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HindustanTimes Sat,30 Aug 2014

After Ganj, get set for Qaiserbagh makeover

HT Correspondent, Hindustan Times  Lucknow, June 18, 2013
First Published: 11:05 IST(18/6/2013) | Last Updated: 11:11 IST(18/6/2013)

After Hazratganj, it's time to beautify the Qaiserbagh heritage zone. And the district administration is already ready with a plan to revamp the area dating back to mutiny days. As per the plan, all the landmarks from Qaiserbagh circle (quadrangle) to Parivartan Chowk -Amirudaulah library, Safed Baradari, Bhatkhande Music Institute, Eastern and Western Qaiserbagh gates-- would be given a facelift.

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“The idea is to make the area, especially the Nawabi era monuments, attractive for tourists,” said divisional commissioner Sanjiv Saran, who discussed the plan with officials at a meeting, in a press communiqué on Monday.

After the renovation is over, the administration also contemplates to organise cultural evenings in the heritage zone on October 27-28. The area would be kept open for visitors for an evening walk between 6 pm and 10 pm. Saran has directed the officials to repair roads, sewer lines, electricity poles and make the area encroachment free. A special traffic plan is also being contemplated for the area.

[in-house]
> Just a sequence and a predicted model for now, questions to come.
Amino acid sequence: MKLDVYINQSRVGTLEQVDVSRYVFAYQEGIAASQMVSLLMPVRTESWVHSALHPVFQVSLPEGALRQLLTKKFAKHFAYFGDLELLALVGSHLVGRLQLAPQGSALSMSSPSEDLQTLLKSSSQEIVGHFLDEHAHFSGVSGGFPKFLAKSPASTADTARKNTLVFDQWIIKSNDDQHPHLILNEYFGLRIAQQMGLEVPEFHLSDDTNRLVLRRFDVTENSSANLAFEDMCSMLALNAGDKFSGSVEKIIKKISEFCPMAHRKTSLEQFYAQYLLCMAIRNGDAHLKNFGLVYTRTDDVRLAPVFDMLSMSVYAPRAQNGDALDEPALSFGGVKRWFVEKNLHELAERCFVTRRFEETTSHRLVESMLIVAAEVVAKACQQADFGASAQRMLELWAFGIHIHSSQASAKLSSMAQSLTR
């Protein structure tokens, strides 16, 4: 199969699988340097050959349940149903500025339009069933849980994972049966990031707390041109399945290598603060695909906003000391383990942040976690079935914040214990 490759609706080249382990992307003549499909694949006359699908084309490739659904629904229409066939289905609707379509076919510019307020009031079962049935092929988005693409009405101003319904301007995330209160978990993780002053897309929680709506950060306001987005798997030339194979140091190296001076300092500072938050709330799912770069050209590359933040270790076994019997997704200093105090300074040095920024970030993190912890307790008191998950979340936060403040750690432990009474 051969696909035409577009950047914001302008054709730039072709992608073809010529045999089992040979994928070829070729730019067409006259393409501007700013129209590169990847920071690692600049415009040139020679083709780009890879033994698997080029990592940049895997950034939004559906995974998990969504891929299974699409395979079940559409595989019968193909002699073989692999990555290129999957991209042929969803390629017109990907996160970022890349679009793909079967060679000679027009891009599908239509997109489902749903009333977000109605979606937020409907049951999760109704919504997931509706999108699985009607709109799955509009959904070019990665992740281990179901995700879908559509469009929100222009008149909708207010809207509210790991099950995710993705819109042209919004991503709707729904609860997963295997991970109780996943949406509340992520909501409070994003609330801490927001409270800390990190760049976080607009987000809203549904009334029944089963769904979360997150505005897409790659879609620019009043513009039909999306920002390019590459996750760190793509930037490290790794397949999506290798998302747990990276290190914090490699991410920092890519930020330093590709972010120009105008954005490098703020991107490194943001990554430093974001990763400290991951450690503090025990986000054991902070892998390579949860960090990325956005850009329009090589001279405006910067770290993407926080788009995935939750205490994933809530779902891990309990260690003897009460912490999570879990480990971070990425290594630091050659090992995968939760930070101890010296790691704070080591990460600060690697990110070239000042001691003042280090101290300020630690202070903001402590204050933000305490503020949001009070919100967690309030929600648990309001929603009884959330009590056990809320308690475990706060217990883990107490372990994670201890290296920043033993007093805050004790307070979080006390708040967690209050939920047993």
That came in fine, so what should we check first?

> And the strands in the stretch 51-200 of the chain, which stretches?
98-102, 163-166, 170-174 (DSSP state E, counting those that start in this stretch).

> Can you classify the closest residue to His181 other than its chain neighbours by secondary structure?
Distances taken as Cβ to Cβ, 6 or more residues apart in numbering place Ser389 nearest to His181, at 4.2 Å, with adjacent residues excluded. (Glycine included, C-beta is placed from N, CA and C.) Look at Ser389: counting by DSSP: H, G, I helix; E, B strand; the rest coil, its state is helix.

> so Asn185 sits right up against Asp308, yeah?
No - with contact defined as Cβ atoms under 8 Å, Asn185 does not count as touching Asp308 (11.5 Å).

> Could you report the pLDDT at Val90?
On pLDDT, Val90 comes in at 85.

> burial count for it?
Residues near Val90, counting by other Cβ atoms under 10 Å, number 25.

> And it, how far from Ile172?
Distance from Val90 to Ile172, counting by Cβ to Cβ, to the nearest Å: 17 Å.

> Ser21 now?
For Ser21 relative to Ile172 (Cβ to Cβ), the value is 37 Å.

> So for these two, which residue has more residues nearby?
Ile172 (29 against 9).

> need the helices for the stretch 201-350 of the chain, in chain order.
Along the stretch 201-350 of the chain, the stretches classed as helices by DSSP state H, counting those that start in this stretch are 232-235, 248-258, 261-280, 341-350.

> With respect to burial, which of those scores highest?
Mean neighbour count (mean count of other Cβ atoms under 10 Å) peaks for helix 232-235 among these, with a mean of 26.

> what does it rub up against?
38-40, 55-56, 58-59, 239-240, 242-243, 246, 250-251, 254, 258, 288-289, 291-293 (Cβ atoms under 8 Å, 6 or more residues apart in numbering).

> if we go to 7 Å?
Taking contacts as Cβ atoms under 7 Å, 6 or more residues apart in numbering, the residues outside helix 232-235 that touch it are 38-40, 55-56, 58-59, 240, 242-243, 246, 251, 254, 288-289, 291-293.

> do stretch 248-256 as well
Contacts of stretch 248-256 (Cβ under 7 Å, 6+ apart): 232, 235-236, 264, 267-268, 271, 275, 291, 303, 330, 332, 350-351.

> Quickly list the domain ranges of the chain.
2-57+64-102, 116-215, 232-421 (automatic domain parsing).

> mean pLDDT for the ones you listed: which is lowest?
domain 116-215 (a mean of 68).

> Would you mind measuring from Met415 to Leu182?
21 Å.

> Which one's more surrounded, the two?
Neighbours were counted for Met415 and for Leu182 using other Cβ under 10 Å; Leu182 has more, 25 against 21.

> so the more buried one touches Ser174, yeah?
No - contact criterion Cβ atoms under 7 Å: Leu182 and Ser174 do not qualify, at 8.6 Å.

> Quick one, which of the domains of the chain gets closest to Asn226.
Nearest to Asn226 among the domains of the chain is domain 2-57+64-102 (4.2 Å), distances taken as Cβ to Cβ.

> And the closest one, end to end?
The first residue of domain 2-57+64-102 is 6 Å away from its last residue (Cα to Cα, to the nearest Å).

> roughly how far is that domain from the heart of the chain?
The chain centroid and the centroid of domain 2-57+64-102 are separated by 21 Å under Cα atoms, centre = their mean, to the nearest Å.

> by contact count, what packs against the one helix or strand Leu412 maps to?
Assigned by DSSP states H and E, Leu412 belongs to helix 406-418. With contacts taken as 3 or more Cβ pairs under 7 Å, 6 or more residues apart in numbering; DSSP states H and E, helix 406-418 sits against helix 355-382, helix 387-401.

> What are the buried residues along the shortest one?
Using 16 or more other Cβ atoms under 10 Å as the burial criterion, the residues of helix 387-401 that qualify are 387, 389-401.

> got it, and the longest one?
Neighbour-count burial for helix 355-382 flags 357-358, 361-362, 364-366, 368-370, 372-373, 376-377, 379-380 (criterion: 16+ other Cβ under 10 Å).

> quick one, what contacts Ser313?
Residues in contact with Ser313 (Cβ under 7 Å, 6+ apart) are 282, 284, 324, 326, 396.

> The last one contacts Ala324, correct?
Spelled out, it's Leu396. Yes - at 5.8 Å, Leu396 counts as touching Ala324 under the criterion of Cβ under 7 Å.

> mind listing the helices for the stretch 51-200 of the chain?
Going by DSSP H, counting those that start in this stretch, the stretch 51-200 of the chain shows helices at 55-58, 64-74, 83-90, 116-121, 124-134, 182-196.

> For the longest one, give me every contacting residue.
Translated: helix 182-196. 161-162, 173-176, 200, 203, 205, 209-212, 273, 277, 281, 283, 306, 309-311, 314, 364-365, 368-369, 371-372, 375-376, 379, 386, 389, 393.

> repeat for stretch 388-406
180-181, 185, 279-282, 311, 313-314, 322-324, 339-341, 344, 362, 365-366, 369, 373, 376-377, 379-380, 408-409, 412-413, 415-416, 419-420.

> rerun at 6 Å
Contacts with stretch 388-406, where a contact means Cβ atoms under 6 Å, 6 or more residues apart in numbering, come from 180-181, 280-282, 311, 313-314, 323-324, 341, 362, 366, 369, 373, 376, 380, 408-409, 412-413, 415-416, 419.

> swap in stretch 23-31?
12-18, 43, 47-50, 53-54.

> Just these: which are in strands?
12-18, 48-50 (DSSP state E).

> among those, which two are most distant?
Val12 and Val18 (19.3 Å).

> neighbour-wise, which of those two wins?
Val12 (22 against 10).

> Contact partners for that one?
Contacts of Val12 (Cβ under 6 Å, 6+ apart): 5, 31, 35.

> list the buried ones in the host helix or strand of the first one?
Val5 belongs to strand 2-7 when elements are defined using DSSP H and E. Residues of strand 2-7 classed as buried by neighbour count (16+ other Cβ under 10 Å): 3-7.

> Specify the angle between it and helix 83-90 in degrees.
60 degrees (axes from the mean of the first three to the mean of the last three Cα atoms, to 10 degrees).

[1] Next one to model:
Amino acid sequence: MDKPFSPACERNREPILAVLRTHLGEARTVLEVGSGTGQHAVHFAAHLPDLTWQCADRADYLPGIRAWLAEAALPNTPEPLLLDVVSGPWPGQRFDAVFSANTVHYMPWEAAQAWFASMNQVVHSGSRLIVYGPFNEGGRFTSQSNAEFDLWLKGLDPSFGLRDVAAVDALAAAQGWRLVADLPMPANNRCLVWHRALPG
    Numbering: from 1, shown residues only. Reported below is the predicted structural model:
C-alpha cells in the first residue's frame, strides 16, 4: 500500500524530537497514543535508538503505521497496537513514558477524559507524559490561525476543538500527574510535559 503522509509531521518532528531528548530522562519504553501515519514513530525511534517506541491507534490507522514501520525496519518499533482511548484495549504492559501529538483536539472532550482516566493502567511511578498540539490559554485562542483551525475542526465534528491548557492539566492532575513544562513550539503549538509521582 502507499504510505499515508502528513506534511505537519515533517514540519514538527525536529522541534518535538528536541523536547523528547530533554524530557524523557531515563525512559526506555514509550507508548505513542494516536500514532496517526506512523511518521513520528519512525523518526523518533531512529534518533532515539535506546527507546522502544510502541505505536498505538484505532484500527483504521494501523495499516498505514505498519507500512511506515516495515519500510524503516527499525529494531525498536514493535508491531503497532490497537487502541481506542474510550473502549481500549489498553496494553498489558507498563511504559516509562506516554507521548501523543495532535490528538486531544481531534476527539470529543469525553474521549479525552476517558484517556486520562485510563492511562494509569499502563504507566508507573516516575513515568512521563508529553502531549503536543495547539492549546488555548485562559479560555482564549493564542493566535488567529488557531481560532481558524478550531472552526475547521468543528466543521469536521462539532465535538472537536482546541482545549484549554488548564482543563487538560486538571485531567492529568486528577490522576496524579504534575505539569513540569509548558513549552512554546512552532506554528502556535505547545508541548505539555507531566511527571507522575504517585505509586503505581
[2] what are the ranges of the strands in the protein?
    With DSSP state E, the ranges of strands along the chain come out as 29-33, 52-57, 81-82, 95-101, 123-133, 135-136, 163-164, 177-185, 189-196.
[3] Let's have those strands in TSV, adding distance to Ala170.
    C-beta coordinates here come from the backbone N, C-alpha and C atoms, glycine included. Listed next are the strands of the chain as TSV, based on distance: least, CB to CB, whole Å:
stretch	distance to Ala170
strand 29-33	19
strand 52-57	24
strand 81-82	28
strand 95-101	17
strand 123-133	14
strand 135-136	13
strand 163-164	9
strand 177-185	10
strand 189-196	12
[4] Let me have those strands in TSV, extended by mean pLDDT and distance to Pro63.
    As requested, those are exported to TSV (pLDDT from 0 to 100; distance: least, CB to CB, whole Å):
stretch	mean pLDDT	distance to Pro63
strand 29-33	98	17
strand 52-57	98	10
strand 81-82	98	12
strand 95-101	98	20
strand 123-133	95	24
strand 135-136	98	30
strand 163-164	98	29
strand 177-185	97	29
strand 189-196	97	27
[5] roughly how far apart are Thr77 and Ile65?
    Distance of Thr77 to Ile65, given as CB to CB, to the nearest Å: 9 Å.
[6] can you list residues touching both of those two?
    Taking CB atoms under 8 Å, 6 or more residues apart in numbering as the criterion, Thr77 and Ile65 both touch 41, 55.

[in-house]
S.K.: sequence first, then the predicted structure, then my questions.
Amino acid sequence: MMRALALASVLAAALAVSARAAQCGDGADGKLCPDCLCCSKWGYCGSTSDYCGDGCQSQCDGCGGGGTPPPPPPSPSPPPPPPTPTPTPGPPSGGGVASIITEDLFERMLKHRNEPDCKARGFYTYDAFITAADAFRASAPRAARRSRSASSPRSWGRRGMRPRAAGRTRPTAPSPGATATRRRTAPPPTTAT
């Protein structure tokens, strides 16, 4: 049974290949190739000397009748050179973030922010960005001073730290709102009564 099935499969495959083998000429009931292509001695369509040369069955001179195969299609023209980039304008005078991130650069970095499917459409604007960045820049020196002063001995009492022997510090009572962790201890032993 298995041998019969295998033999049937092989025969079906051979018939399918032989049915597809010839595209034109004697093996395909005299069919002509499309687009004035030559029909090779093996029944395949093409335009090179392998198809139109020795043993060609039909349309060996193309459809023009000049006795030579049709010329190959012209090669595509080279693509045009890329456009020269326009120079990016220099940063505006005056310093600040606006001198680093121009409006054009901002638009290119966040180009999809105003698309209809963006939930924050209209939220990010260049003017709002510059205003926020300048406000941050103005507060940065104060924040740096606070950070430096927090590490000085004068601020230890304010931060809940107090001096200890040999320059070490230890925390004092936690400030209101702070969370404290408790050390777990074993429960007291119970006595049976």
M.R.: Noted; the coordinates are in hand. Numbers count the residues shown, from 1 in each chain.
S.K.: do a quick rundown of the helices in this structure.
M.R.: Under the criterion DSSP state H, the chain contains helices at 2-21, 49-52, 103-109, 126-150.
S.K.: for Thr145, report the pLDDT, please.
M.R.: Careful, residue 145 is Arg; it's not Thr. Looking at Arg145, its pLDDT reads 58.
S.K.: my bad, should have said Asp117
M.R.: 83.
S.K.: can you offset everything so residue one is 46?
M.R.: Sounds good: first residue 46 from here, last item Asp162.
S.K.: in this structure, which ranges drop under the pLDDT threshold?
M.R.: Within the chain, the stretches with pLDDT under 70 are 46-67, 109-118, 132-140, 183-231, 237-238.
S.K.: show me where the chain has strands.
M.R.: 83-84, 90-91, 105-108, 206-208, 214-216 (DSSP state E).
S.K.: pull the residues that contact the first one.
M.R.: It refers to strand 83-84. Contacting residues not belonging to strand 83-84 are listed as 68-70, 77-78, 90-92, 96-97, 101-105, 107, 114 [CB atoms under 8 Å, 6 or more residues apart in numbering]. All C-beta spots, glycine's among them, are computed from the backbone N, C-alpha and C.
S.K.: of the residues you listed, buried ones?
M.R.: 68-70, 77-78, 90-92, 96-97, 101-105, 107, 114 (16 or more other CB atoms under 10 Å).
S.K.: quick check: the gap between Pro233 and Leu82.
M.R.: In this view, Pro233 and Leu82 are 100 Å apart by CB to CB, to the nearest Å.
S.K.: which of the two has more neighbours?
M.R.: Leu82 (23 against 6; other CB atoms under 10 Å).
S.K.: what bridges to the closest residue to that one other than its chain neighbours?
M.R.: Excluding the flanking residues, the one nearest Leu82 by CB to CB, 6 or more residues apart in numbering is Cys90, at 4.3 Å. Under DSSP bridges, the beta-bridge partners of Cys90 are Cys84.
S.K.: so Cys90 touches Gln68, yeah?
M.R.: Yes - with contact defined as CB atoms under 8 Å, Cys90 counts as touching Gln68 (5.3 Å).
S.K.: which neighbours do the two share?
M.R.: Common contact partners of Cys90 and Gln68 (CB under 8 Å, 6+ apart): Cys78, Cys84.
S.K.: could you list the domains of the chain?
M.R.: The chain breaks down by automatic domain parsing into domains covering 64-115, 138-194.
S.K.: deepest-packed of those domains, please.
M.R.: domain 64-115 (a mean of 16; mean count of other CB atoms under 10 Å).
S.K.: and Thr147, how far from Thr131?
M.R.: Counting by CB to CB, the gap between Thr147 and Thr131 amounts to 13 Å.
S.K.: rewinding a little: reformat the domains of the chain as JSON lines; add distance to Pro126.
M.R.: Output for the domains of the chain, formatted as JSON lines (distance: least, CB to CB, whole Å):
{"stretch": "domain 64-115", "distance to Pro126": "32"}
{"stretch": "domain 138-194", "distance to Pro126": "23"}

Qaiserbagh (emperor's garden) is a complex in Old city. Wajid Ali Shah (1847-1856), the last nawab of Lucknow, visualized a palace complex, Qaiserbagh, which amalgamated all the intricacies of a paradise garden.

After the first war of Independence in 1857, the British ordered the demolition of Qaiserbagh, as it was the stronghold of the nawabs under the leadership of Begum Hazrat Mahal, who had assumed leadership after her husband, Nawab Wajid Ali Shah, who was exiled in 1856. The archeological marvel Qaiserbagh quadrangle comprising six symmetrical buildings is the gateway to old city. Not only do these passages connect to important city locations, they also lead to 16 districts of Awadh.


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